LSTM researchers find targeting glycosylation blocks SARS-CoV-2 infection

News article 15 Feb 2022
Human cells normally infected with SARS-CoV-2, here shown in green (left). Upon treatment with a sub-inhibitory dose of a glycosylation inhibitor, the infection is greatly reduced (right)

Researchers at LSTM have shown that by targeting glycosylation, a process by which SARS-CoV-2 (the infective agent of COVID-19) modifies its spike proteins to infect human cells, could potentially make new variants of the virus less infective.

The team carried out the work, the results of which are published in the journal mBio, and were able to validate the hypothesis that blocking the host cell glycosylation pathway is essential for virus infection, and that drugs that are already approved to treat human diseases could be repurposed for COVID-19.

Dr Aitor Casas-Sanchez, senior author on the paper, began working on the project as part of a project funded by LSTM’s Director’s Catalyst Fund, in collaboration with Dr. Alvaro Acosta-Serrano and Dr. Grant Hughes.

He explained: “At the beginning of the pandemic, we already knew the virus was modifying its spike proteins with multiple sugars, named ‘glycans’. We hypothesised these glycans must be important for the infection and soon our genetic and biochemical experiments demonstrated they were indeed essential. In this work, we now show that interfering with either the synthesis or attachment of these glycans to the spikes greatly reduces the spread of SARS-CoV-2 infection. Importantly, this seems to be a universal phenomenon, which we validated in Alpha, Beta, Gamma and Delta variants, and so it is likely that future variants will remain susceptible to glycan-targeted approaches."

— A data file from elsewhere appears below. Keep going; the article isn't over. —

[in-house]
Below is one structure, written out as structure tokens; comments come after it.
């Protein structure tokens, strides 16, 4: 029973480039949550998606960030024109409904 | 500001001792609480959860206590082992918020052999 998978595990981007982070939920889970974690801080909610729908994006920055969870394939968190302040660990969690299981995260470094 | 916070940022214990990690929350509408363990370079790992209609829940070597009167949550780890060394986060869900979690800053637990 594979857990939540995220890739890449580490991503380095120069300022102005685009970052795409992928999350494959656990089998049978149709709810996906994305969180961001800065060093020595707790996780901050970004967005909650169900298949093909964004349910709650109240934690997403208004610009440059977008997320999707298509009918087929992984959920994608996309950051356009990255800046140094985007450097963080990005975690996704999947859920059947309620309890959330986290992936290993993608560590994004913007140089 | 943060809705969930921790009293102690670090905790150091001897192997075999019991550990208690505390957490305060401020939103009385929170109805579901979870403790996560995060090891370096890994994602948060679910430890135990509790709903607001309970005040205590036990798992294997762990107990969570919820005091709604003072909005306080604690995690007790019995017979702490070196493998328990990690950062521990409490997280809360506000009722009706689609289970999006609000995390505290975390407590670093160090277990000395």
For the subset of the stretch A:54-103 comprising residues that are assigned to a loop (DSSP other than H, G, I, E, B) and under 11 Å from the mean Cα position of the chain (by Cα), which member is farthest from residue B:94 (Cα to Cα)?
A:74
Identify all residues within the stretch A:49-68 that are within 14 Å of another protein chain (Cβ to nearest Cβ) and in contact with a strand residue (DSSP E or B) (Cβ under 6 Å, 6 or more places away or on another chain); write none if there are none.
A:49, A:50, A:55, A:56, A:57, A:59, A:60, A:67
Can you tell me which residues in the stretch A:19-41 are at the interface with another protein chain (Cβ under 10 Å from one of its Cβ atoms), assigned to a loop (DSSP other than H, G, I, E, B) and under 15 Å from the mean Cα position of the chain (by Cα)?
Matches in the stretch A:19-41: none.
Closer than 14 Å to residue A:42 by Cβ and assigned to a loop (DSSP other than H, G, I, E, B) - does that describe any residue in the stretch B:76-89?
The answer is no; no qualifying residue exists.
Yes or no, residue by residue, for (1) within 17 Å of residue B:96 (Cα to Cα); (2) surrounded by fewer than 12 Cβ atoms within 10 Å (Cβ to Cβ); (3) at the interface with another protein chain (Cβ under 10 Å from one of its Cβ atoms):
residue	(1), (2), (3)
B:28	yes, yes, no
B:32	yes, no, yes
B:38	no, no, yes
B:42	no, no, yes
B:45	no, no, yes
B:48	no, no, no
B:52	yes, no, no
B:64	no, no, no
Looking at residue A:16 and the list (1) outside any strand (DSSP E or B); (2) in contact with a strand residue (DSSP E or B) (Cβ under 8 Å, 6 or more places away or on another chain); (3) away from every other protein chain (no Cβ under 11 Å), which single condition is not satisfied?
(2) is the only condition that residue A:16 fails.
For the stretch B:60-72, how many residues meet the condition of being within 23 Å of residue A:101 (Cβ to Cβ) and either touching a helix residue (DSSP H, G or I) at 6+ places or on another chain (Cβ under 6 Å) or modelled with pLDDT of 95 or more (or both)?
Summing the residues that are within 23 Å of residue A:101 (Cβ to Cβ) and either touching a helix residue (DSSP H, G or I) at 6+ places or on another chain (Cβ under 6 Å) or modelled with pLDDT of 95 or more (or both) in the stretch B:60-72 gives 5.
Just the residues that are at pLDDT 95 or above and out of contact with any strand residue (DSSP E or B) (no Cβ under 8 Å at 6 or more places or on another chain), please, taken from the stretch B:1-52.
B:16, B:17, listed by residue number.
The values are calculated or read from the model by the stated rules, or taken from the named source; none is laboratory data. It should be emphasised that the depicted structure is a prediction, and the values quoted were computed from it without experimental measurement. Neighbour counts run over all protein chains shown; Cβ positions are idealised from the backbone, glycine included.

The team also jointly secured a UKRI COVID response award to continue investigating new ways of exploiting glycosylation against COVID-19.

Dr. Alvaro Acosta-Serrano said: “The fact that we have shown that this pathway is a target, even with some drugs already approved for use, is an important step. As new SARS-CoV-2 variants -with various degrees of resistance against current vaccines- are likely to continue appearing, halting virus glycosylation using repurposed human drugs could result in a complementary strategy to reducing the spread of COVID-19 worldwide.”

mBio 15 February 2022
Inhibition of Protein N-Glycosylation Blocks SARS-CoV-2 Infection
Aitor Casas-Sanchez, Alessandra Romero-Ramirez, Eleanor Hargreaves, Cameron C. Ellis, Brian I. Grajeda, Igor L. Estevao, Edward I. Patterson, Grant L. Hughes,  Igor C. Almeida, Tobias Zech, Álvaro Acosta-Serrano 


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